Brunswick Recreation Center facing financial challenges heading into 2021

BRUNSWICK, Ohio — The Brunswick Recreation Center is facing a daunting 2021. Membership is down

BRUNSWICK, Ohio — The Brunswick Recreation Center is facing a daunting 2021.

Membership is down by nearly 50 percent from 2019, and proceeds from the center’s most recent membership sale in December 2020 are coming in $119,000 short of the previous year’s numbers.

Parks and Recreation Director John Piepsny shared the numbers at the most recent City Council Parks and Recreation Committee meeting Jan. 25.

“We had been talking about some kind of funding for the Rec Center, and the last I heard, Dr. (Anthony) Fauci is saying we may not have (COVID-19) herd immunity until late fall,” Piepsny said.

“Members are coming back at this time, but other at-home fitness options have become popular” since coronavirus closures began in 2020, he said.

Piepsny said the two-month closure of the Recreation Center beginning in March 2020 had a direct effect on a membership drop from 7,600 members in 2019 to 3,863 members at the end of 2020.

“But again, we are getting calls — people want to come back,” Piepsny said.

Ward 3 Councilwoman and Parks and Recreation Committee chair Valerie Zak asked Piepsny about the status of Recreation Center summer programming.

Piepsny said that, at this time, the city plans to host some programs, such as its summer camps. But these decisions, Piepsny said, are “fluid,” based upon state social distancing mandates.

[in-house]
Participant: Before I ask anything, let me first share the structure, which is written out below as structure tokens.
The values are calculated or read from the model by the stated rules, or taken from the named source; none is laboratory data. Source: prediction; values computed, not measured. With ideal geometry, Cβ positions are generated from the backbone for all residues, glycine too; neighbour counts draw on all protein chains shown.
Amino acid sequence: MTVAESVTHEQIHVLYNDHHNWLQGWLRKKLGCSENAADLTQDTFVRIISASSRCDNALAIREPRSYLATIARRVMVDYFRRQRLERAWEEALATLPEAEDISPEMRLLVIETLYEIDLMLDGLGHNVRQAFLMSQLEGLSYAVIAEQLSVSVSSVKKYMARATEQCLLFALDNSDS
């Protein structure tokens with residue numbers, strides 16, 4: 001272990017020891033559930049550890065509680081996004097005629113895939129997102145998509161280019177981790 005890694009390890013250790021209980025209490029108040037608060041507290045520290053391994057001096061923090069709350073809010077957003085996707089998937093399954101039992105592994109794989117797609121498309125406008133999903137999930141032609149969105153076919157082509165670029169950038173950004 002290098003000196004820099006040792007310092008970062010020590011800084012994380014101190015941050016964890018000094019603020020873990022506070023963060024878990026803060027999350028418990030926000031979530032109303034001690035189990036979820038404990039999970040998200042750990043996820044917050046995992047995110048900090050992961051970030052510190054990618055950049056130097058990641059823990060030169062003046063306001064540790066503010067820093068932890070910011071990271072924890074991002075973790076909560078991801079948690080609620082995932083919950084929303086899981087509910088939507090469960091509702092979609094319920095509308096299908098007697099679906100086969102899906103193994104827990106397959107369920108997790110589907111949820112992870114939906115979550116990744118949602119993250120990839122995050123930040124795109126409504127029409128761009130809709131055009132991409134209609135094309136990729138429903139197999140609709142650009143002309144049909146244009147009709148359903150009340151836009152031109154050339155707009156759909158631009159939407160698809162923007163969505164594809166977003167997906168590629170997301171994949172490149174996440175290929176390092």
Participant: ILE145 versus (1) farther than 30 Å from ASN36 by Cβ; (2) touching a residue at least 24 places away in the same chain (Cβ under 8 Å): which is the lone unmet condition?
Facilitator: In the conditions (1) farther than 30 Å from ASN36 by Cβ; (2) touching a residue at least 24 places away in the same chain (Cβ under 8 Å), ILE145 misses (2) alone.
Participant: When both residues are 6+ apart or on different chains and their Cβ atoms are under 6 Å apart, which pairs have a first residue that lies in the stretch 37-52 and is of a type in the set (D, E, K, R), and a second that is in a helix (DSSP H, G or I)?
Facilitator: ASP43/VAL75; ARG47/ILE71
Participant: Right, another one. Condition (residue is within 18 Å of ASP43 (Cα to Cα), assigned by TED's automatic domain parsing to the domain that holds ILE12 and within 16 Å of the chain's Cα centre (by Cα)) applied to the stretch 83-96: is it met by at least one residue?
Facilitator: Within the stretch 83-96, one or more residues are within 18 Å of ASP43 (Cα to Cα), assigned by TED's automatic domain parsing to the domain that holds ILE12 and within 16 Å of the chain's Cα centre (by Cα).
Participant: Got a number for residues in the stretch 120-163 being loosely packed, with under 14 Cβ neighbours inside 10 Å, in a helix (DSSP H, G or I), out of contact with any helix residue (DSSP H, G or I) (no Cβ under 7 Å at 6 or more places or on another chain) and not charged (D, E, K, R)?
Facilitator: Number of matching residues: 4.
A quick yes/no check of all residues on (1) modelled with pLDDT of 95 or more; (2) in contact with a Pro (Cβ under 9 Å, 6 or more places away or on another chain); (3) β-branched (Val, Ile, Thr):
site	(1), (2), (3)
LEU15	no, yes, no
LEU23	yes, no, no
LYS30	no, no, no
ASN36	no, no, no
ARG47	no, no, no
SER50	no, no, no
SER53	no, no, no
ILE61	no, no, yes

Councilman-at-Large Joe Delsanter asked how state regulations differ for the Recreation Center and public school districts.

“Programs like the summer camps are important as part of children’s well care,” Delsanter said. “If schools are back in session, can the same processes be incorporated (into Recreation Center programs) the same way schools are?”

The state’s COVID-19 restrictions on gatherings are different for recreation centers than for schools, Piepsny said. A maximum of six persons are allowed to participate in any particular activity, he explained.

“So, you could play cards with a group of six kids at a table, but if you wanted to play kickball, you only could with that same six,” Piepsny said.

“We hope (the mandates) change going into spring. (For example) the governor’s orders just changed recently — you can now use the showers, but can’t use (communal) soap or shampoo — so it is interesting. We are trying to live within these parameters.”

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